We can “measure” if youngsters know that oral language can be represented in writing, and that the little one knows  in English text the words are read from left to right, which depending on the maturity and experience  of the kiddie may or may not prevent him from flipping the page to see if the back end of the Duck is shown on the back of the page with the front end of the Duck.   We can also measure the youngsters knowledge of words, syllables, and phonemes.  Sort of.  A common problem when giving standardized tests to kindergarteners and first graders is that the results will mainly tell the interpreter whether or not the child was having a good day.

Once our little darling has the symbol + sound code figured out, can make a good stab at predicting whether a vowel has a long or short sound, has a nice repertoire of sight words, and can discern the difference between words that sort of look like other words, he’s off to a good start.  However, measuring whether he is “reading with purpose and understanding” gets us into some new territory.

Here’s where the Back to Basics crowd often gets tangled in ideological rhetoric.  We do want the youngsters to understand basic language and  phonics, and those skills do translate into word recognition.  However, the point of writing is NOT to see if the skilled reader understands the proper application of the word “pervicacious” at any age.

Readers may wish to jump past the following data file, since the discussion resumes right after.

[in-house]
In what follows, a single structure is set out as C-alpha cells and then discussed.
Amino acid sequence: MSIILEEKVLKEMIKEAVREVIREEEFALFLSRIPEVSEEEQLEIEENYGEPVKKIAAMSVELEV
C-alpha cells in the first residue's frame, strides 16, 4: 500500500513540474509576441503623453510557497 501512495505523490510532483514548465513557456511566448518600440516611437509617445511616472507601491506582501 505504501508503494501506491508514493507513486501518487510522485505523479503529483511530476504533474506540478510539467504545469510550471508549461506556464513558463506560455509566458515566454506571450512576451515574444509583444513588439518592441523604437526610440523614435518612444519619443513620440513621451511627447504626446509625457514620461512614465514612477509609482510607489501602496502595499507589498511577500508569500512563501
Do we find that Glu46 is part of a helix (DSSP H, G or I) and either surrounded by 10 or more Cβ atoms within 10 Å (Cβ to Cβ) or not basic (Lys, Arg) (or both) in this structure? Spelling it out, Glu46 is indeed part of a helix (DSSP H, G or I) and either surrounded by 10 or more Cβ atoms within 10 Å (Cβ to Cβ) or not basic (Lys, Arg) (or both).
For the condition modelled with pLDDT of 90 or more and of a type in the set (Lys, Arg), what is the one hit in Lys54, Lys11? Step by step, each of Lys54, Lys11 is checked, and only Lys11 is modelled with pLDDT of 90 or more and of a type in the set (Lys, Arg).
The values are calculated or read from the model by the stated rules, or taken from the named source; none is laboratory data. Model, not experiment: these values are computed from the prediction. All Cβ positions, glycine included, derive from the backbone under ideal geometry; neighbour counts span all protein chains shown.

What we do want are children who can understand words in context.  When Mom complains about the pain from a root canal, for example, the youngster shouldn’t associate that with the Panama Canal, Erie Canal, or the Venetian Canals.  We also want them to draw inferences from what they can read.  What does it mean when the storyteller writes, “His hair was as red as fire?”  And, we want youngsters to be able to extrapolate.  This is really handy when addressing such things as — “Does the bear bear a burden?”  Careful, we are slipping into the nefarious land of Thinking Skills!

Should children learn to read with Purpose and Understanding?  Surely, the answer would be a 100% yes.  However, if all we want to measure is word recognition, context, and basic inferences, then we’ve stopped before the real part of understanding begins.  Consider the difference between these two worksheets for little ones — which requires more thought?

kindergarten worksheet 2Or, this:

Kindergarten worksheet 1Concepts like “above, below, and on” are well past the word recognition level.  Unfortunately, some critics of public education are perfectly willing to accept “thinking skills” in the curriculum if the skills aren’t so finely honed as to create a situation in which the child may apply his or her own context, draw inferences different from those of the parent, and Heaven Forefend, extrapolate conclusions at variance with received wisdom.   And, this, from people who gnash and wail when test results don’t demonstrate a child’s comprehension of context, inference, and extrapolation.

We’ll be in a better place when we can agree that the function of education is to create learners who can read with purpose and understanding — and when we place more emphasis on the understanding portion of the formula.  This will require more than lip service to curriculum development, more than the testing of mechanical applications, and much more than on-the-cheap solutions to complicated educational issues.   However, if we’re willing to allocate the necessary resources we’ll have empowered our kids with the best gift we can give them — the power to think independently.